Urban Schools: Crisis and Revolution describes America's inner-city public schools and the failure of most to provide even a minimally adequate education for their students. With numerous examples, James Deneen and Carm Catanese argue that these failures are preventable.
Early chapters document the two-tiered character of American public schools, the tragic consequences of failing schools for millions of studentsmostly Black and Hispanicand the financial costs to American society.
In later chapters, Deneen and Catanese describe the special problems of inner-city schools and the changes in school organization and curriculum needed to overcome them. They also provide examples of schools in severely disadvantaged communities in which such changes have enabled students to succeed academically, graduate, and enter college.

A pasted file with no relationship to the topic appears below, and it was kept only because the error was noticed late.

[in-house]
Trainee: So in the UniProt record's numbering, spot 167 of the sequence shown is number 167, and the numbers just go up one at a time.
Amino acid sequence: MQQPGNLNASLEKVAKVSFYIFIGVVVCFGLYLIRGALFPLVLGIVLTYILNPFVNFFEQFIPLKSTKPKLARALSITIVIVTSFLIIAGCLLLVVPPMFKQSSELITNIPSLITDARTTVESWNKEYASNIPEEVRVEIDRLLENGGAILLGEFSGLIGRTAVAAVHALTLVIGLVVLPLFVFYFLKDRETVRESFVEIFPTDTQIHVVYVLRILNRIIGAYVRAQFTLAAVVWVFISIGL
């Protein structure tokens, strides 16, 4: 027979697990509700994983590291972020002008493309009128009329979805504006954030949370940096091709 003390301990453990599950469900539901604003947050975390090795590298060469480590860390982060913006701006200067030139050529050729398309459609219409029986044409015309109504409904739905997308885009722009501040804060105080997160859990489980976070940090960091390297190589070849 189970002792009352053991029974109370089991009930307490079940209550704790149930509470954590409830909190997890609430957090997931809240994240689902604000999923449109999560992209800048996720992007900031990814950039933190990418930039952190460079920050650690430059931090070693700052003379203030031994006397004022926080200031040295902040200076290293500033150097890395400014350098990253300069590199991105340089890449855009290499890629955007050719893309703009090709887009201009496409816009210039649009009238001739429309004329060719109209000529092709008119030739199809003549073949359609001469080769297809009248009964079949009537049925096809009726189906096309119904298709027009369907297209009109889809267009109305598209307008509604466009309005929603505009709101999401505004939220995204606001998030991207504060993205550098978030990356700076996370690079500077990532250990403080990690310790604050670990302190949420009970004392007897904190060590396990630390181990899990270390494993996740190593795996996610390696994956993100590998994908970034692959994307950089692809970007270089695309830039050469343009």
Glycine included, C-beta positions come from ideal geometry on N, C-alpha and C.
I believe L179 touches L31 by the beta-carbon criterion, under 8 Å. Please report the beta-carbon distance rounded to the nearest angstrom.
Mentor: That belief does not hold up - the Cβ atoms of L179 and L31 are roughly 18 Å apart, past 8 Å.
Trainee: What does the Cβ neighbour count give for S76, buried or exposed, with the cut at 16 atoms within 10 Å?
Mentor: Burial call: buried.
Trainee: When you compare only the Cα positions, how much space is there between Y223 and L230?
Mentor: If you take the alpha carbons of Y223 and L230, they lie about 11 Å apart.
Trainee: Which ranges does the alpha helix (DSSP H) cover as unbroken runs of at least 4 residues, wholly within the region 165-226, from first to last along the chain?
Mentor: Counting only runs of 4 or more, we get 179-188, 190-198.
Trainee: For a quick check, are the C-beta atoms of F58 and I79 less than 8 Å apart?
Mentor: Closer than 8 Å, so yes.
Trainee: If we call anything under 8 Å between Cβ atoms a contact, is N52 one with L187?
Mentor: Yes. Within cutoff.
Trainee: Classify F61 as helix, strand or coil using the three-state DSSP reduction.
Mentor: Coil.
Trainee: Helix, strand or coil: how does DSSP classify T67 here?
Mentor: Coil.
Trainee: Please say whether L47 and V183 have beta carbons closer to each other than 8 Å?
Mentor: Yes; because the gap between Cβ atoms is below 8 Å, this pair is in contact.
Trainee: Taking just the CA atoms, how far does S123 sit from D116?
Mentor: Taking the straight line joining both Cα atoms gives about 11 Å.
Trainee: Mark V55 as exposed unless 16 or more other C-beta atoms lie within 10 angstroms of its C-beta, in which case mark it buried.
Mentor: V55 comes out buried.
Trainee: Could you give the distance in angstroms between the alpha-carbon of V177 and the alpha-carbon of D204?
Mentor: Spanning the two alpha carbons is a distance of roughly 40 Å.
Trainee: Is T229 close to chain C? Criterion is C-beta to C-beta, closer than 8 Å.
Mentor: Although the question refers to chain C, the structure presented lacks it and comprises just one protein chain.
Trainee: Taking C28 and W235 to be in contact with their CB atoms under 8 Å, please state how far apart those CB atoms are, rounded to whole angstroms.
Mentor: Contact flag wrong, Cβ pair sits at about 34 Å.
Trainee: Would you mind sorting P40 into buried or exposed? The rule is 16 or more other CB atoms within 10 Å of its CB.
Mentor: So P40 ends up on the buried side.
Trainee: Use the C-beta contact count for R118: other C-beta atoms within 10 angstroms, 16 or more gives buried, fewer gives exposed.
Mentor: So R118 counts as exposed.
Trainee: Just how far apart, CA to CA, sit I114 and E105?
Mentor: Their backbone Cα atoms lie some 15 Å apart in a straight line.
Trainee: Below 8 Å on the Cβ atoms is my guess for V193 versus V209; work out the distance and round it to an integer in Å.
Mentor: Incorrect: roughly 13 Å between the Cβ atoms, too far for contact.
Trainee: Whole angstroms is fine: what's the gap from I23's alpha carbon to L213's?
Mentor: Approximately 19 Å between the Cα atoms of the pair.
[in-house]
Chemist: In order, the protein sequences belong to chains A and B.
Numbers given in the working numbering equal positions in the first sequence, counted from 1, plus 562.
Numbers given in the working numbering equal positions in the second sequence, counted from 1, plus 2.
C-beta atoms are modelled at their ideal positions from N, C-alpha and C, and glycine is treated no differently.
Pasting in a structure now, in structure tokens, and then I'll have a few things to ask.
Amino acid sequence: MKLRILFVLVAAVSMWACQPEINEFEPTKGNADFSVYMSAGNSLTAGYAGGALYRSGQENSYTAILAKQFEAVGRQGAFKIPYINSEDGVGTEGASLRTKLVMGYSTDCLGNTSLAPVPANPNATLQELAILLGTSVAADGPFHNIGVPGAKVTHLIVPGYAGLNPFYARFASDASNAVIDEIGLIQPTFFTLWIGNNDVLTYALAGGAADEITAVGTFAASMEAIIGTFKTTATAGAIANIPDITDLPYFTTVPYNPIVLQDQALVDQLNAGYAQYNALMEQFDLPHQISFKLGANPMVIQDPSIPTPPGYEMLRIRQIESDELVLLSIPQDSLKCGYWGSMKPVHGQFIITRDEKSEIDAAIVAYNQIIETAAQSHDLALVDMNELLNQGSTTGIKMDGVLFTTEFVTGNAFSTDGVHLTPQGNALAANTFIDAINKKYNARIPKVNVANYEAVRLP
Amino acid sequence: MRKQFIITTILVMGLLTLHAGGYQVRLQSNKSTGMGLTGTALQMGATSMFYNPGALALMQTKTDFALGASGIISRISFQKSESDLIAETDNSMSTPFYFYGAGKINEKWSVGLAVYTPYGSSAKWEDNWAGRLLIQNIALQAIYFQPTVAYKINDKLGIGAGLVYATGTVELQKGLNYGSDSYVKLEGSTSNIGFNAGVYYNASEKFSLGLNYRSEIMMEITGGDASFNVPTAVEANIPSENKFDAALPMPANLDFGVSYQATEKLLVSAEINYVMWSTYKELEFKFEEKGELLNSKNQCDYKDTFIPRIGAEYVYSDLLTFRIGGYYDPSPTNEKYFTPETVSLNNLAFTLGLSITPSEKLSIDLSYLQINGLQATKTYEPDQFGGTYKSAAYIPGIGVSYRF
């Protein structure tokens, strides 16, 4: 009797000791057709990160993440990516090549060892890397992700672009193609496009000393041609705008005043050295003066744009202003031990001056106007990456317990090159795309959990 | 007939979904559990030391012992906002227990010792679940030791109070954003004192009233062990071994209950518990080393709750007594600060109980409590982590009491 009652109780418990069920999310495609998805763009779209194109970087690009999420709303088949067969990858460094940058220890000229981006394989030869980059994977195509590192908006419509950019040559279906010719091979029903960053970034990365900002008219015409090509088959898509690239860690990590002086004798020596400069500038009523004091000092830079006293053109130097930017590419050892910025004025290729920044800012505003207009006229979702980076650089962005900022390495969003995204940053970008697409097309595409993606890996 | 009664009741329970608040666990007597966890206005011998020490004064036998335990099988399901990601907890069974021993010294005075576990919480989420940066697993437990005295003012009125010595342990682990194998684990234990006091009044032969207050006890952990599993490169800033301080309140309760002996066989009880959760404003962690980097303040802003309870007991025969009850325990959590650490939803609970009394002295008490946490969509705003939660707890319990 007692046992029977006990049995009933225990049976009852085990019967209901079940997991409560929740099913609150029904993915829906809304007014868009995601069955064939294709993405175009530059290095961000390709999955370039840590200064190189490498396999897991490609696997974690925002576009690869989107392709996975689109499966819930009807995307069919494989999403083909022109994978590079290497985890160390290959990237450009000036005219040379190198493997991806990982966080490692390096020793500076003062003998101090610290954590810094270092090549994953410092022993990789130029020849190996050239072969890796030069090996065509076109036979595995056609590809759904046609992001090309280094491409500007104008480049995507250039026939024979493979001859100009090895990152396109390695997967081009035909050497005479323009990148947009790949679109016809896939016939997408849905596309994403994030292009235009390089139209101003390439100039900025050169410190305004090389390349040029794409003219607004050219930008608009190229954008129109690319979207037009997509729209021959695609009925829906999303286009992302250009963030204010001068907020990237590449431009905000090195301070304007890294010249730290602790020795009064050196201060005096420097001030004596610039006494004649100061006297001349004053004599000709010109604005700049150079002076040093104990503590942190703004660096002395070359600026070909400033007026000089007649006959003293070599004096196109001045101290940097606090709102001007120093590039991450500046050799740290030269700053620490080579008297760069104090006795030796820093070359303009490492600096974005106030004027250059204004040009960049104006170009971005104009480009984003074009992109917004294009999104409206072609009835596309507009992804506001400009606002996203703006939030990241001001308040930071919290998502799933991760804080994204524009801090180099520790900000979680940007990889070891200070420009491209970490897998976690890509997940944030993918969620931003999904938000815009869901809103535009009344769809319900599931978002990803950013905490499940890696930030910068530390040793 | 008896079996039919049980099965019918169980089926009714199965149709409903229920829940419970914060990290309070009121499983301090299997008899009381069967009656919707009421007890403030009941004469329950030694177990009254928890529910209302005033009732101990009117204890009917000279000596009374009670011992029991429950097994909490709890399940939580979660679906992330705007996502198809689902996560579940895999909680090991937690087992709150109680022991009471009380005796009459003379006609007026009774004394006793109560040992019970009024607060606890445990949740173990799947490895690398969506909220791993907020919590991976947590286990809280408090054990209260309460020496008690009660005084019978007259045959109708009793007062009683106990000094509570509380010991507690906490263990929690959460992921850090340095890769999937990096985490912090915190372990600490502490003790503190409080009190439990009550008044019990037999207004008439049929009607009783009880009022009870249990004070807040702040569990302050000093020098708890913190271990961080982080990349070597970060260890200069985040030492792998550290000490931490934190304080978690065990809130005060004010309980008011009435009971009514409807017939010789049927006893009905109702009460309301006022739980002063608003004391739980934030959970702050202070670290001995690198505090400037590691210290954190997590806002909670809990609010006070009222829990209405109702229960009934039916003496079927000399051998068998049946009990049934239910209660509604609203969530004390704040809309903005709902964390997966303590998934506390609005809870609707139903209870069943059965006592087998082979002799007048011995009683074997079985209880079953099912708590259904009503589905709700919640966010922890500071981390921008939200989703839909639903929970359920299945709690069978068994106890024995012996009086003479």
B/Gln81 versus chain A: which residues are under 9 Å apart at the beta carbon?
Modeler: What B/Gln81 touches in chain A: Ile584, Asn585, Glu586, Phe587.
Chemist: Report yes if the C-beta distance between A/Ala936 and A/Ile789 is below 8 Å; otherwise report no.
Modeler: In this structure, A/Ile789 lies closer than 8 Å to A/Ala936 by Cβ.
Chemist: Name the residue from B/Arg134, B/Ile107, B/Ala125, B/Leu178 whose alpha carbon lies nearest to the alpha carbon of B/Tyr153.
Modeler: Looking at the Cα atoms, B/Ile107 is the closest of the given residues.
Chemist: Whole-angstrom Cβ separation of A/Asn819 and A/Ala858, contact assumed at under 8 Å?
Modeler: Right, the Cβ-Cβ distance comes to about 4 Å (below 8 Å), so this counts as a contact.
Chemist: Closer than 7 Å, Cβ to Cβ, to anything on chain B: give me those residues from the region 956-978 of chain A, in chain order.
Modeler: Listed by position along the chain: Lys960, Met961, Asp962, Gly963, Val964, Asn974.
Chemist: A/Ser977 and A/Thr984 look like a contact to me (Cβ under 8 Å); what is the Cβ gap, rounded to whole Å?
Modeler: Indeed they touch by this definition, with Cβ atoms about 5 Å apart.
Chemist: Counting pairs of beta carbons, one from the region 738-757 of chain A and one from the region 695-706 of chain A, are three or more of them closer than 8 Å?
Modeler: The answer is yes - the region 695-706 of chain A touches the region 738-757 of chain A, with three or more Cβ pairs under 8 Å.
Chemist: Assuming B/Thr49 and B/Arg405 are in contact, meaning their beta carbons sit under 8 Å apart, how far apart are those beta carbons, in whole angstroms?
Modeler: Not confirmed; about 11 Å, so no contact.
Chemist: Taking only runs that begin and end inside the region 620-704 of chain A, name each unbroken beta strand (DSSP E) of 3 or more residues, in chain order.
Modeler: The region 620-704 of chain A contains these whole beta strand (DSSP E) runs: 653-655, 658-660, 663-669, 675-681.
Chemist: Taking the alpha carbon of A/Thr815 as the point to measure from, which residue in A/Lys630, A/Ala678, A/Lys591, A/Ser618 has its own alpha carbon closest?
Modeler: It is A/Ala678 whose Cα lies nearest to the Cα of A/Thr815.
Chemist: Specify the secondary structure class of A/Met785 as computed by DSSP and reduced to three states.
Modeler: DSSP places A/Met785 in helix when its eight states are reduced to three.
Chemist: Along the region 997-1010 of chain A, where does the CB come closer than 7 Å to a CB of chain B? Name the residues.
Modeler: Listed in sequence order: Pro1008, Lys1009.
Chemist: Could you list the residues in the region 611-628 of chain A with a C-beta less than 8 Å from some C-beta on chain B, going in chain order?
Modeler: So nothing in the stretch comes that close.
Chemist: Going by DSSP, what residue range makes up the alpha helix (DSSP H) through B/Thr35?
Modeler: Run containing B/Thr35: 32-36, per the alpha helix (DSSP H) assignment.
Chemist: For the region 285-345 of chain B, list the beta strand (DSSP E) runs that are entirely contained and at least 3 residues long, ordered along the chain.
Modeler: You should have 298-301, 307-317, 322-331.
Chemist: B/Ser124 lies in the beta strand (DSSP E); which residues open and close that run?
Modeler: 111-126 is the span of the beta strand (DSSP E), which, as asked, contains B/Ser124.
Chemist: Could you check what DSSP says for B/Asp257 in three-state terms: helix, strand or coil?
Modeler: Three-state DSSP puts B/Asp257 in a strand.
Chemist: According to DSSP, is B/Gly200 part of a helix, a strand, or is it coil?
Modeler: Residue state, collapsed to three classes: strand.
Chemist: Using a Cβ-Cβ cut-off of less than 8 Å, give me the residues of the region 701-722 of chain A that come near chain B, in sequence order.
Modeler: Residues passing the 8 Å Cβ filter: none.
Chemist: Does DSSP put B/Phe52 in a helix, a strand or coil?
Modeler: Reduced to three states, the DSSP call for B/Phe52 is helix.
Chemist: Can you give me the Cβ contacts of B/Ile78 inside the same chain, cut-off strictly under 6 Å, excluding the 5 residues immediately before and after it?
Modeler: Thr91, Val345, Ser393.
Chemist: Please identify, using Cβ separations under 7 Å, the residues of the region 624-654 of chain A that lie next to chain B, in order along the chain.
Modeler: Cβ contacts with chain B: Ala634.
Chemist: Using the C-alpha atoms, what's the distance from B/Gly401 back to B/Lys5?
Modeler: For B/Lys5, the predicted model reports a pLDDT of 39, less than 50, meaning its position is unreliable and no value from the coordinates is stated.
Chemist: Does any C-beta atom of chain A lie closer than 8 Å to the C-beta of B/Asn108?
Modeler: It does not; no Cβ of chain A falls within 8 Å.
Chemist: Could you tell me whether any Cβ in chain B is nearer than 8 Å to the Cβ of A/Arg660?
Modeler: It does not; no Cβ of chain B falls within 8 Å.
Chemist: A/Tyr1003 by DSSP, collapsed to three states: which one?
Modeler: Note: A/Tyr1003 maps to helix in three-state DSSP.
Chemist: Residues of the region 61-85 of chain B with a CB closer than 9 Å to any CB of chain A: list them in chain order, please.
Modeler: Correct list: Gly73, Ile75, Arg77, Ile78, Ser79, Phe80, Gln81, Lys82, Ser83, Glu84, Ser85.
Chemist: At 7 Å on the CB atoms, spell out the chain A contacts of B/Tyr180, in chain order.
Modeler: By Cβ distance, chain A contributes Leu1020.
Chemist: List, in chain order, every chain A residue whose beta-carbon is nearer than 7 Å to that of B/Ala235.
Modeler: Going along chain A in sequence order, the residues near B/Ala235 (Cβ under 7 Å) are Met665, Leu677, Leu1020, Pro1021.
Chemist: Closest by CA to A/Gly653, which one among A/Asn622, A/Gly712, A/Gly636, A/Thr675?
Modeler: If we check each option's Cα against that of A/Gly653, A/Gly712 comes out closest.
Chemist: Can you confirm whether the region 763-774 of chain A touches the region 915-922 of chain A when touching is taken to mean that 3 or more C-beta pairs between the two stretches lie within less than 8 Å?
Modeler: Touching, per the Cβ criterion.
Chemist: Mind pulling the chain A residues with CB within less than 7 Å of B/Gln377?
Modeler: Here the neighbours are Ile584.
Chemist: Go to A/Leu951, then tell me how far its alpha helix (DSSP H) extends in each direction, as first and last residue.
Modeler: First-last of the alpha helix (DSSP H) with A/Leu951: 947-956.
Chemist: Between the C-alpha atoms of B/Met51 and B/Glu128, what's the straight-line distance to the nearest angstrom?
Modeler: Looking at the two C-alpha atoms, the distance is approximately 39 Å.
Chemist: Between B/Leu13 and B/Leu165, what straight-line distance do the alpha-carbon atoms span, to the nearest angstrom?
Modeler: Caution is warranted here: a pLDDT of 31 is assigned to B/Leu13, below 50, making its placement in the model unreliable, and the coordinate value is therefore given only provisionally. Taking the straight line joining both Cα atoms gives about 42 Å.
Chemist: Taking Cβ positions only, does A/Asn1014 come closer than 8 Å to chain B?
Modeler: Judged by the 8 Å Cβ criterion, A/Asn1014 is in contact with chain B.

In the final chapters, the authors examine the public and non-public school options available to urban parents. They discuss school choice, a hotly debated issue in urban education.
The book concludes with a plan, consisting of six recommendations, for reforming a failing urban school.
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About the Author
James Deneen is retired from Educational Testing Service, where he was a program director for the Advanced Placement Program. He has written several books on K-12 curriculum and assessment.
Carmen Catanese is a co-founder of Citizens for Successful Schools. He is retired from the Sarnoff Corporation, where he was executive vice-president.
Table of Contents
Section I: What's the Problem?
Chapter 1: Two Schools in Two Tiers
Chapter 2: Schools and Society
Chapter 3: Schools and the State
Chapter 4: Urban Schools across America
Chapter 5: America Compared with the World
Chapter 6: Barriers to Change
Section II: Basic Factors in School Renewal
Chapter 7: Does Poverty Mean Failure?
Chapter 8: Essentials in Successful Schools
Chapter 9: Leadership and Responsibilities
Section III: Reforming Failing Schools
Chapter 10: Restructuring
Chapter 11: Teachers and Parents
Chapter 12: Language and Extended Instruction
Section IV: School Choice
Chapter 13: Public School Choices
Chapter 14: Non-Public School Choices
Conclusion: A Plan for Reforming a Failing School